storing a 12 volt battery

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They are wrong. When I was a kid, my dad had a place on a wooden shelf for storing the extra battery. NEVER store it on the concrete floor I was told. Well, I of course knew it all, and the floor was a better spot, as I had something else I wanted to put on the wooden shelf. Dad was right. Sure enough, I dropped a big wrench on the battery, shorting it out with big sparks aflyin! The battery discharged of course. So, NEVER store a battery on a concrete floor!
(In the olden days, the battery case was made of different material, and it could discharge through the case, more so if on a concrete floor. Them days are long gone.)
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On 09/09/2015 04:09 PM, Dean Hoffman wrote:

You can buy it a battery blanket so it doesn't shiver
(Amazon.com product link shortened)
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On 9/9/2015 12:47 PM, herb white wrote:

Why will it take you two years to scrap the lawnmower? Why so you want to preserve the battery for that period of time (instead of discarding it or putting it to use in some *other* device before the mower is scrapped)?
How much do you have invested in the battery? I.e., is it really *worth* anything to that (yet unnamed) potential future use?
Is the battery sealed/"maintenance free"? If you can drain the electrolyte ("acid") from the cells and store it *separately*, you can preserve the battery almost indefinitely. Then, refill it and use it immediately.
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In my experience, batteries deteriorate. Draining and storing the electrolyte separately would be a good way to prevent that.
If the battery is a 12 Volt Gel Cell, I suggest keeping it connected to a "Battery Tender Plus" when not in use. It will maintain an unused battery for an extended period, but not forever.
You might be surprised how much some Gel Cell batteries cost. My Honda generator uses a Yuasa battery that is also used in some motorcycles. I found one at a Yamaha motorcycle shop for half the Honda price, but it was still expensive!
Fred
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On 9/9/2015 2:20 PM, Fred McKenzie wrote:

IME, many "tenders" are cheaply designed -- little more than a transformer and a diode (counting on the transformer windings to limit current). As line voltage fluctuates, so will the output "float" voltage of such a device. "Overcharging" is a surefire way of toasting a battery prematurely. Unless *you* (or the circuit) are carefully monitoring the *actual* voltage, all bets are off.
["batteries" are notoriously hard to charge as you tend to only be dealing with two terminals (by definition, a battery is more than once *cell*). So, if any single cell goes wonky, the charging algorithm for the entire battery is faulted.]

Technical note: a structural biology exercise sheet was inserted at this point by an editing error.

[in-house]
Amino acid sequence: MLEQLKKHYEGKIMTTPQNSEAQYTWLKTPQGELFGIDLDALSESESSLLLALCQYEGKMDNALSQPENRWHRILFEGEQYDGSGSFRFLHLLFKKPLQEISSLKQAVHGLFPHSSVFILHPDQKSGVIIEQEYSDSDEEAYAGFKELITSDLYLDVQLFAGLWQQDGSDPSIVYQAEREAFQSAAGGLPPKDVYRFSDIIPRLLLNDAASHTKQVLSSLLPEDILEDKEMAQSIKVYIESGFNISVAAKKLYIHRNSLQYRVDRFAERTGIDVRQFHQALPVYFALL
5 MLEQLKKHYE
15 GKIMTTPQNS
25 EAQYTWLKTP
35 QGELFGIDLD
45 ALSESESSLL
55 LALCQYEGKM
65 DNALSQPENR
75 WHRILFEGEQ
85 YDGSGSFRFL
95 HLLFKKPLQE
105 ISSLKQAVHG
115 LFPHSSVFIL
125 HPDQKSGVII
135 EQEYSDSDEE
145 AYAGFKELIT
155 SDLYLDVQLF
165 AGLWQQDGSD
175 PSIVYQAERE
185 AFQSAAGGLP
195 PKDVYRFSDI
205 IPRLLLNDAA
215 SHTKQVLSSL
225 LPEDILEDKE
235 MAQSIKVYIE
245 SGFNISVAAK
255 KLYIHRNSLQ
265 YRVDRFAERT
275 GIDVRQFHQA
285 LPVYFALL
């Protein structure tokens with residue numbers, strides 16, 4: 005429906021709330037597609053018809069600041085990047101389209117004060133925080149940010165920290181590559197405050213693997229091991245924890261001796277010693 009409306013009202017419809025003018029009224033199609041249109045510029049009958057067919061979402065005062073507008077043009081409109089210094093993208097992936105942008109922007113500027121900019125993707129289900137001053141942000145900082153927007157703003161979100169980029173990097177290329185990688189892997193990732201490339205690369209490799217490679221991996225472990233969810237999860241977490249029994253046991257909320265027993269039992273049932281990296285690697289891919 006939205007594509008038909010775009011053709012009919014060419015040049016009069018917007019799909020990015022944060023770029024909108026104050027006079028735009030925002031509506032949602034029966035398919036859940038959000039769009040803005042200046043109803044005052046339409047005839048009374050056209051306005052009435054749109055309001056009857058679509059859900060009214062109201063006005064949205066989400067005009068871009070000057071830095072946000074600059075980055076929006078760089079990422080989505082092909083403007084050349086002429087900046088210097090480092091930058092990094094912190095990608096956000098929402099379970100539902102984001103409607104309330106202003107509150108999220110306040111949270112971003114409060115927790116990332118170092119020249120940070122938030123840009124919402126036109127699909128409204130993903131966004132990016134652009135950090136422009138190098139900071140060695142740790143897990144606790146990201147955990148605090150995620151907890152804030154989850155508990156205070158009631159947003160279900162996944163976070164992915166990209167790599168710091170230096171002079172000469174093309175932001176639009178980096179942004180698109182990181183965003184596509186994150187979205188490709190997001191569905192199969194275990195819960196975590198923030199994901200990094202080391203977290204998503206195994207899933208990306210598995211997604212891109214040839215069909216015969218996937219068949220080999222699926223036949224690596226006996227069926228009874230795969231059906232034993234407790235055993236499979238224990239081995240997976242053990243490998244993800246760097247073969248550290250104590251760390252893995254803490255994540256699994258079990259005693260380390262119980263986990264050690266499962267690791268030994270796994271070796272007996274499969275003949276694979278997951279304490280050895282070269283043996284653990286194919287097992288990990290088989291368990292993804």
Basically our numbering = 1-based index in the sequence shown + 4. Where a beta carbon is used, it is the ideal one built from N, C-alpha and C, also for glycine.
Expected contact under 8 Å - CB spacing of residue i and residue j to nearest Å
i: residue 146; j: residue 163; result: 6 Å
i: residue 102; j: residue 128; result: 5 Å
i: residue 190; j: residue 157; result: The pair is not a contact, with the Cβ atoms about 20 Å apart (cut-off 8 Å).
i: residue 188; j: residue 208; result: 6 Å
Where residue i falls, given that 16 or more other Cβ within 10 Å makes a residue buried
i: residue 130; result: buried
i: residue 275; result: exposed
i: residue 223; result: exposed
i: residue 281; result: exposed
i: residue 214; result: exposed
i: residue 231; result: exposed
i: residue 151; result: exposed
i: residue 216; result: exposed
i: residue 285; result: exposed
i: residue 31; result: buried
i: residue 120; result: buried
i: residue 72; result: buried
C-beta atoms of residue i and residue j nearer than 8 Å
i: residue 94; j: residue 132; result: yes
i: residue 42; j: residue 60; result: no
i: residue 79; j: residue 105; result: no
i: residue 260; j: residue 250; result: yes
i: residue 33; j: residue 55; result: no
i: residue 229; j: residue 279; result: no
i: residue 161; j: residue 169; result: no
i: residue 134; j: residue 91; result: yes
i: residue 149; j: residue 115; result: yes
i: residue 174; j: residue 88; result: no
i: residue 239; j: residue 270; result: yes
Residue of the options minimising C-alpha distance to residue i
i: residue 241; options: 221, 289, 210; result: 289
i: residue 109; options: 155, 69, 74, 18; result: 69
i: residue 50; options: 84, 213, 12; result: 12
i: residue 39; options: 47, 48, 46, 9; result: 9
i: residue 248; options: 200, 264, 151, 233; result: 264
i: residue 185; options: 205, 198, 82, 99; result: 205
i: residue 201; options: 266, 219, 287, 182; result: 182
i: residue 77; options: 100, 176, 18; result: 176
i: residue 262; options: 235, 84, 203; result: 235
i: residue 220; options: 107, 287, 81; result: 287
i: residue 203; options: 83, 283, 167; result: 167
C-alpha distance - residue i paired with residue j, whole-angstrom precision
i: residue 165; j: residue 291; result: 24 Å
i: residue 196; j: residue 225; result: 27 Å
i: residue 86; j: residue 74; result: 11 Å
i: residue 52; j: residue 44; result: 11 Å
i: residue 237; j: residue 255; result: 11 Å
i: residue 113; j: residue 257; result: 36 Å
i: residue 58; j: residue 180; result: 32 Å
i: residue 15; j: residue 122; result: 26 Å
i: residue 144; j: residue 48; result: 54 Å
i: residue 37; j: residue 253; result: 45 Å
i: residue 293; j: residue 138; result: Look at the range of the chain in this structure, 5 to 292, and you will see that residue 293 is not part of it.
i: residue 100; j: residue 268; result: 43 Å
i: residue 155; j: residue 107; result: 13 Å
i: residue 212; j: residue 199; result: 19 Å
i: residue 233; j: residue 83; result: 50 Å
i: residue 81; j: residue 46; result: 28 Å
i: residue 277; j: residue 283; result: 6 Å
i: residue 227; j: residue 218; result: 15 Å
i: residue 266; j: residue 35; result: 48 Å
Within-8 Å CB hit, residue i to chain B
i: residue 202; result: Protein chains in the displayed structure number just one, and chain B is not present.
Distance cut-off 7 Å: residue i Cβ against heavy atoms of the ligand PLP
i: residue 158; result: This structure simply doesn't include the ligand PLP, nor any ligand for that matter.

Ever buy SLA's for a powerchair? :>
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On Wed, 09 Sep 2015 13:16:51 -0700, Don Y

Letting the plates dry out can be a good way to totally screw up the battery. It's not quite like a new "dry charged" battery
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On 9/9/2015 3:47 PM, herb white wrote:

>

Remove the battery from the machine. Store it in a cool cellar, which does not freeze. Sit the battery on wood, not cement floor.
Might want to put the purchase receipt in a plastic Ziploc or similar bag, and store near (but not touching) the battery.
- . Christopher A. Young learn more about Jesus . www.lds.org . .
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The reason not to put/store a battery on a concrete floor is that the acid from the battery will destroy the concrete!! Basic chemistry here.
"Olden days" batteries were prone to develop leaks and if stored on wood shelving, the wood would absorb the leaking acid preventing damage to more important things like a concrete floor.
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snipped-for-privacy@att.net wrote:

Where I worked thirty years ago, there were large banks of batteries in glass cases. As the result of some employees coming to work and finding acid on their desks from batteries on the floor above, a "tray" was installed that was large enough to contain a battery's contents.
The best material for such a tray is probably fiberglass, although a falling battery would probably fracture it. Someone in a high position decided that they had to be made of stainless steel, which also reacts with battery acid. To satisfy that requirement, it was necessary to paint the stainless with a thick coat of acid-resistance paint.
Last I heard, they had converted to some kind of sealed battery.
Fred
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